Families have been asking me about careers for their maturing youth. What courses should they pursue in college? Higher education should prepare a youth for what he is going to do in life. This applies to women as well. That is why we are educated, to prepare ourselves for our future. There is no other point of being educated but for that. If a young lady is going to be a homemaker, it would be wise to be educated to be a homemaker. Many women these days are married and can’t cook, don’t know how to put on a band-aid, don’t know how to take care of the children when they come, because they’ve never been educated to be a wife. Women who foresee another kind of life for themselves should choose an education that will prepare them for that. It is also wise these days for a woman who is a homemaker to have an education in a profession, such as nursing, that she can fall back on in case misfortune befalls the family, a death or a divorce, so she can get a job to support the children and herself. Education is for the future career, whether it be a homemaking career or another kind of career. That is the purpose of it. There is much education now available that is just general education. It goes on and on and on. You go in wanting to know, and you come out confused at the end of it. We see this happening all the time. This type of education should definitely be avoided.

The Family Profession

Nowadays many people believe that somehow it was an accident that one was born in a family of a certain profession and that the youth deserves a so-called better profession than that of the parents. But the traditional wisdom is that a person is born into a family to fulfill the profession of that family, and ideally to stay within that family business. Being raised in the family business, the person learns from a young age, even prenatally. Going into another profession, he leaves the family dharma and goes into worldly adharma. It then takes two or three generations to establish a new family dharma in that profession.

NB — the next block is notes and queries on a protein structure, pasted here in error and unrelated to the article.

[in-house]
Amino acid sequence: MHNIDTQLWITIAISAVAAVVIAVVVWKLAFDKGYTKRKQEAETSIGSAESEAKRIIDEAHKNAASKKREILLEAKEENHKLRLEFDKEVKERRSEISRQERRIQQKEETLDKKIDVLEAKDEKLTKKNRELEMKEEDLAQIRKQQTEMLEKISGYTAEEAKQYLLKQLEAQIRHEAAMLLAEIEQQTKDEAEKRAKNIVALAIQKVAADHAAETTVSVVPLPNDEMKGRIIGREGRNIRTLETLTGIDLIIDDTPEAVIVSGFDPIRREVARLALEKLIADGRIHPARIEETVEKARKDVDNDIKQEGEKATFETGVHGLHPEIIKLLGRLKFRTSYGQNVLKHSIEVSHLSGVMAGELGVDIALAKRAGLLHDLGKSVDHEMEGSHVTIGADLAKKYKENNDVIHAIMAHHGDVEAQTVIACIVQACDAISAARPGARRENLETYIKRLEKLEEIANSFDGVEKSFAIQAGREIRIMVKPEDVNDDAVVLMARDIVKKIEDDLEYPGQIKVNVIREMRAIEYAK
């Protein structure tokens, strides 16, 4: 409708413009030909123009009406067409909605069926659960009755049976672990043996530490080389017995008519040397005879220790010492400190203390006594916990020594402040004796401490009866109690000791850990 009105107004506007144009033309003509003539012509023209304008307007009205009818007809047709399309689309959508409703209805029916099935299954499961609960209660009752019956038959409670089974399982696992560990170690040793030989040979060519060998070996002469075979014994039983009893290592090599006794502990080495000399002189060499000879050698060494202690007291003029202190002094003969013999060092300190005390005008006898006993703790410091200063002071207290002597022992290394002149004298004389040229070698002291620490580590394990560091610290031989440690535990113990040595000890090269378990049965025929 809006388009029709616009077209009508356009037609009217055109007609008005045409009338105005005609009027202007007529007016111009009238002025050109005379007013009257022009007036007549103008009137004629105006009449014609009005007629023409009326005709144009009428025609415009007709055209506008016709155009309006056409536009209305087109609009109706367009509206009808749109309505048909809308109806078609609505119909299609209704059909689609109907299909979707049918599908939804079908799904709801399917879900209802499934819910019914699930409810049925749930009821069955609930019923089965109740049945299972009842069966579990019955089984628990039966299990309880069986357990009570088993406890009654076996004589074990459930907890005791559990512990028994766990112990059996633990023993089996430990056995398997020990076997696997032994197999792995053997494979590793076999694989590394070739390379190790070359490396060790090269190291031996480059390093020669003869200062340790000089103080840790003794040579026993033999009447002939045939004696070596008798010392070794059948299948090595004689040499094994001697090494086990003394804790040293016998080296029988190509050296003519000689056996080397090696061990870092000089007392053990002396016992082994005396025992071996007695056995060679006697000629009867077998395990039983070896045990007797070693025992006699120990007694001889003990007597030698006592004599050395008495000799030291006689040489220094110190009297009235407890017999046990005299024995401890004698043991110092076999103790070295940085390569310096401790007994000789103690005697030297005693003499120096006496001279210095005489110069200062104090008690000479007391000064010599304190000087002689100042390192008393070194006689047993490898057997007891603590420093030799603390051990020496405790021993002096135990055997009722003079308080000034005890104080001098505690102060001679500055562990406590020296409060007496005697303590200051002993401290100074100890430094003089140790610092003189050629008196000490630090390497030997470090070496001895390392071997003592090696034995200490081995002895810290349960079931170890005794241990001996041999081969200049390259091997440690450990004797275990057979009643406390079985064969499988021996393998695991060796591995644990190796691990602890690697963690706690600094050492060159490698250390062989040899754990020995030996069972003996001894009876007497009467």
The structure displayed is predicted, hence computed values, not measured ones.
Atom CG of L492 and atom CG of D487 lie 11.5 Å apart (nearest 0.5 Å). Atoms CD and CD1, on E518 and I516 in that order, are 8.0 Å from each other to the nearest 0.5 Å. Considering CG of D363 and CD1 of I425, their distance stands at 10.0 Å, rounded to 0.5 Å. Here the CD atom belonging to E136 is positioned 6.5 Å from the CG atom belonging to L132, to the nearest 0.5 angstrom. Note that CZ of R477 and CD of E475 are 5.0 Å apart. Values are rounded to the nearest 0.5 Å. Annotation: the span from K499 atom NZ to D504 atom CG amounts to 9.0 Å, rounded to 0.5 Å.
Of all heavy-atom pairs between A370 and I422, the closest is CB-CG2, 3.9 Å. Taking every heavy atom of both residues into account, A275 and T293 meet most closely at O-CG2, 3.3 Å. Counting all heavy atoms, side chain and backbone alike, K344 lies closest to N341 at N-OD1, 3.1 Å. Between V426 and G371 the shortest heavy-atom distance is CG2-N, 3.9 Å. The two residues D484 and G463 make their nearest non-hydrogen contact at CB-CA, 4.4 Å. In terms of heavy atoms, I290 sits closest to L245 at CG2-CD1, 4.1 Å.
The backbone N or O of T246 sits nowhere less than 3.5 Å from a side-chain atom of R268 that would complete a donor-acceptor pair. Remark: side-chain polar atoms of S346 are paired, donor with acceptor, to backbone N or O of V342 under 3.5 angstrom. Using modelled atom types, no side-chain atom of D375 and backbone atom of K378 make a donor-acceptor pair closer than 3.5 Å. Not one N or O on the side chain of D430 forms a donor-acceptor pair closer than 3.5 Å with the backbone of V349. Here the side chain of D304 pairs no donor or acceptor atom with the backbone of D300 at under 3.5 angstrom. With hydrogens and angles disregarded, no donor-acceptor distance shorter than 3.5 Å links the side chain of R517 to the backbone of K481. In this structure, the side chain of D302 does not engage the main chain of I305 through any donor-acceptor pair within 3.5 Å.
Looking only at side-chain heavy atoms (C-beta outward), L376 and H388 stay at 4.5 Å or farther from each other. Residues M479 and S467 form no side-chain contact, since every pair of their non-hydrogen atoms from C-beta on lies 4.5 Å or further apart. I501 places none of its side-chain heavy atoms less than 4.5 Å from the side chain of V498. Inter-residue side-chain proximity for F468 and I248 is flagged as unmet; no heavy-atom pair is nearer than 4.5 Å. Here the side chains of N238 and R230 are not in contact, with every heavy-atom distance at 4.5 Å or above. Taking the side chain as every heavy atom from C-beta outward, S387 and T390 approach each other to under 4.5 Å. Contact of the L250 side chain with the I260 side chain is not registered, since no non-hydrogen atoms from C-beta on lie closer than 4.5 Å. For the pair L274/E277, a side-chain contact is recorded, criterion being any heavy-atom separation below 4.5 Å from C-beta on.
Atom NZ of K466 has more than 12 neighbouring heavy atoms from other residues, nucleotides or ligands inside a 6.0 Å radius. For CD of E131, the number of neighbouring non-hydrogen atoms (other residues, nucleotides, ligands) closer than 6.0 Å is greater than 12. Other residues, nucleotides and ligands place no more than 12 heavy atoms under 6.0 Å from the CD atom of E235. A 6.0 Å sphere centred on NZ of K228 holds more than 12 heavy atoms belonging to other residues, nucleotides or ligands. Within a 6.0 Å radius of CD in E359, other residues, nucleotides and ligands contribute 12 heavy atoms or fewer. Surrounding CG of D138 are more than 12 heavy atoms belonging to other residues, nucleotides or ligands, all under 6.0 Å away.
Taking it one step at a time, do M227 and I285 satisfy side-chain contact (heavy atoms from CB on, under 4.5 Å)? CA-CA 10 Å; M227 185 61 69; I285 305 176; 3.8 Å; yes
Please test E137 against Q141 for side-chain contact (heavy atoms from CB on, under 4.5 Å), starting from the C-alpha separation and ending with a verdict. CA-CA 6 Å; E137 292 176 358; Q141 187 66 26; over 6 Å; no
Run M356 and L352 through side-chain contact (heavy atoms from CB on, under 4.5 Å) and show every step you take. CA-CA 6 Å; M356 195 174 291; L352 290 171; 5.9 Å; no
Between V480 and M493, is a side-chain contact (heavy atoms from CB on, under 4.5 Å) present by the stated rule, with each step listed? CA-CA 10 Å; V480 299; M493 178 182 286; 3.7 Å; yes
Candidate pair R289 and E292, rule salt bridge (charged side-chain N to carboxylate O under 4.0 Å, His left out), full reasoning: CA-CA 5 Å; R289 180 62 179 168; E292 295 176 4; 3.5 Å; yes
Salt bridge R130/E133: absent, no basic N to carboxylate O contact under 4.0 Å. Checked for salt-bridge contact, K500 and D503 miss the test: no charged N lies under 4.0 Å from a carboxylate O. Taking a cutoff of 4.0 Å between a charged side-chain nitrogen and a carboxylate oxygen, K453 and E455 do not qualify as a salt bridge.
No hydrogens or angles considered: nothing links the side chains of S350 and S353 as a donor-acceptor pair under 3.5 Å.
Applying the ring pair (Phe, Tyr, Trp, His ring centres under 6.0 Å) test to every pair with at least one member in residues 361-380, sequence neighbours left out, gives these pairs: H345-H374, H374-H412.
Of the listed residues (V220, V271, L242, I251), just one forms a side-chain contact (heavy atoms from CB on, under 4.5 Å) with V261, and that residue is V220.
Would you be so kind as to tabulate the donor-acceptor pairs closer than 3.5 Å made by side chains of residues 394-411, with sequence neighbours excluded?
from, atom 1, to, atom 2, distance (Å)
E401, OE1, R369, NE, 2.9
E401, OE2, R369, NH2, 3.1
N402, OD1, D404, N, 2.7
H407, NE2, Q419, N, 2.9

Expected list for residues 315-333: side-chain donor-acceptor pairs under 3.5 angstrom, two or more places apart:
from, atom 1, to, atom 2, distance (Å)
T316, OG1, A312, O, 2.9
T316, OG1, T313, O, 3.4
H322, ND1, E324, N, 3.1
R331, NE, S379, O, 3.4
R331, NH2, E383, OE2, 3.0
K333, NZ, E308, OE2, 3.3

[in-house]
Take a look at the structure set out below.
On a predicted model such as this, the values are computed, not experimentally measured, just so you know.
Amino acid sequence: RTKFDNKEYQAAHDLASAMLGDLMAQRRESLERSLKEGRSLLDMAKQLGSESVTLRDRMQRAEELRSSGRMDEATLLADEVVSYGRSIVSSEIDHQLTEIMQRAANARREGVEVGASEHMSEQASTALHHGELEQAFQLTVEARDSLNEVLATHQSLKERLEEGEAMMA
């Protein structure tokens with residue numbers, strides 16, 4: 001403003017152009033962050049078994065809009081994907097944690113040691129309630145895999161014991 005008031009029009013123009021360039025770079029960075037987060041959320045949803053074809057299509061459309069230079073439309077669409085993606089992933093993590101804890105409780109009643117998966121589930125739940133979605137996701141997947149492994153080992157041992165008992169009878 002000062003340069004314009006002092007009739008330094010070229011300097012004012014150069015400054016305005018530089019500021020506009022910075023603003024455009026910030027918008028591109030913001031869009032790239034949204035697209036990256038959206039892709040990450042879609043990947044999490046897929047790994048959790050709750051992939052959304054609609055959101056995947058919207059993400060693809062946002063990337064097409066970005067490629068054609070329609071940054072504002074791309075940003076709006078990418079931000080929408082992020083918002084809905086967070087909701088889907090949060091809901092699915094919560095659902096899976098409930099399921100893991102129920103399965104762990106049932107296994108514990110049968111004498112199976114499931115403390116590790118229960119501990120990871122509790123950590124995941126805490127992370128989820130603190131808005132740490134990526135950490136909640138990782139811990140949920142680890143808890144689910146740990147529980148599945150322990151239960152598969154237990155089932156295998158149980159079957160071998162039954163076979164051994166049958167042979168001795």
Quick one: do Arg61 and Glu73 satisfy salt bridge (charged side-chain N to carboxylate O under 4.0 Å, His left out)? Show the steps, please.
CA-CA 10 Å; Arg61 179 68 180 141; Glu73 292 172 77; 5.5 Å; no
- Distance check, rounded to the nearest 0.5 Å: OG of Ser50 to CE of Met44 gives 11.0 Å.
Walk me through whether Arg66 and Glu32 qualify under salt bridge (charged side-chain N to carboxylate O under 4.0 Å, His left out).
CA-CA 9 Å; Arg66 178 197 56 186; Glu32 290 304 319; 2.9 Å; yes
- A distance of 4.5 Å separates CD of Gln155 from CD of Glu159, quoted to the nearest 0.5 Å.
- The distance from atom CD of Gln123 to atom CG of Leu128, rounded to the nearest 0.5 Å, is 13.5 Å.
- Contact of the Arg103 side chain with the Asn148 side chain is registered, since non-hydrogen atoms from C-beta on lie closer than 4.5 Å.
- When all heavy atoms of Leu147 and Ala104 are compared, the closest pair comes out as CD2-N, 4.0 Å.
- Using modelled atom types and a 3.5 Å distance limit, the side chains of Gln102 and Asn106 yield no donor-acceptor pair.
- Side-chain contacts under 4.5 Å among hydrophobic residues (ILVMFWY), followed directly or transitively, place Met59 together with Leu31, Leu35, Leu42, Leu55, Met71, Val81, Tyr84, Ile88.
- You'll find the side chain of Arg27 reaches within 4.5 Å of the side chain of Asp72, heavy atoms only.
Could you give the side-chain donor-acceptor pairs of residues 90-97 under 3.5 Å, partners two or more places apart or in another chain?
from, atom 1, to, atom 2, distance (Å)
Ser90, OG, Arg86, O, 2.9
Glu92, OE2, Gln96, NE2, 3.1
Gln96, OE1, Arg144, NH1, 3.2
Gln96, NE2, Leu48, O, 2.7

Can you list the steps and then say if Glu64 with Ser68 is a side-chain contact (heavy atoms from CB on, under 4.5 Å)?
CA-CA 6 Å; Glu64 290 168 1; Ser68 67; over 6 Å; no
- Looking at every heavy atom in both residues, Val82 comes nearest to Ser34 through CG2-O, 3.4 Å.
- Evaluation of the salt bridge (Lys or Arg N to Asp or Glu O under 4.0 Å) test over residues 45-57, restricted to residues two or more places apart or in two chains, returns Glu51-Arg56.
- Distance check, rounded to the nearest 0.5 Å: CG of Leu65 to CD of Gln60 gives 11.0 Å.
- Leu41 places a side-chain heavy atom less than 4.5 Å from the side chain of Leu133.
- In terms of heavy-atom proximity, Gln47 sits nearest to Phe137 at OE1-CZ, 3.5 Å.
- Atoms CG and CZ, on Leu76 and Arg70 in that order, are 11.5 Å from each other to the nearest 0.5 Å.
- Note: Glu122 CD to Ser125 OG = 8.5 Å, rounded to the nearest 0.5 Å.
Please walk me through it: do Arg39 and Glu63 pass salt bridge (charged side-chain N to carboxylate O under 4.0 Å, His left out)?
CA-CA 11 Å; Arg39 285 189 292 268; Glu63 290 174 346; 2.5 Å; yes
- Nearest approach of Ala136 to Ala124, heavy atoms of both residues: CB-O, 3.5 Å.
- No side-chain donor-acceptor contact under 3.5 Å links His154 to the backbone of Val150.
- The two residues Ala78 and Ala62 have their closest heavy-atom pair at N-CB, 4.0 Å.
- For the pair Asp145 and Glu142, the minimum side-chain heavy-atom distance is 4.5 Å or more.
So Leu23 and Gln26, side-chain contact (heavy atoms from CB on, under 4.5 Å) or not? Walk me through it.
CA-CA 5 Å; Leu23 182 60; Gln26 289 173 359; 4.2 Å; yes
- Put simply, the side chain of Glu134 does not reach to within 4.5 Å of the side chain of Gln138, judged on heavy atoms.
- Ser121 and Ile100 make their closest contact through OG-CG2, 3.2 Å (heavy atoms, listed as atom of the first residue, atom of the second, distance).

Now, of course, if the father and mother do not have a formal profession or business when their offspring are babies, from prenatal to six, whatever they are doing is absorbed and becomes the children’s habit pattern of how they should live their lives on Earth. In such conditions, the chances for the son or daughter to follow the father’s or mother’s footsteps in a formal profession at a later age, such as at puberty, lessens because the children have already been programmed, from ages one to six, to live from day to day without a goal, without strong material security, without a profession, as their mother and father did, as casual, temporary employees or students, often unemployed or seeking employment Now, of course, if the father and mother do not have a formal profession or business when their offspring are babies, from prenatal to six, whatever they are doing is absorbed and becomes the children’s habit pattern of how they should live their lives on Earth. In such conditions, the chances for the son or daughter to follow the father’s or mother’s footsteps in a formal profession at a later age, such as at puberty, lessens because the children have already been programmed, from ages one to six, to live from day to day without a goal, without strong material security, without a profession, as their mother and father did, as casual, temporary employees or students, often unemployed or seeking employment.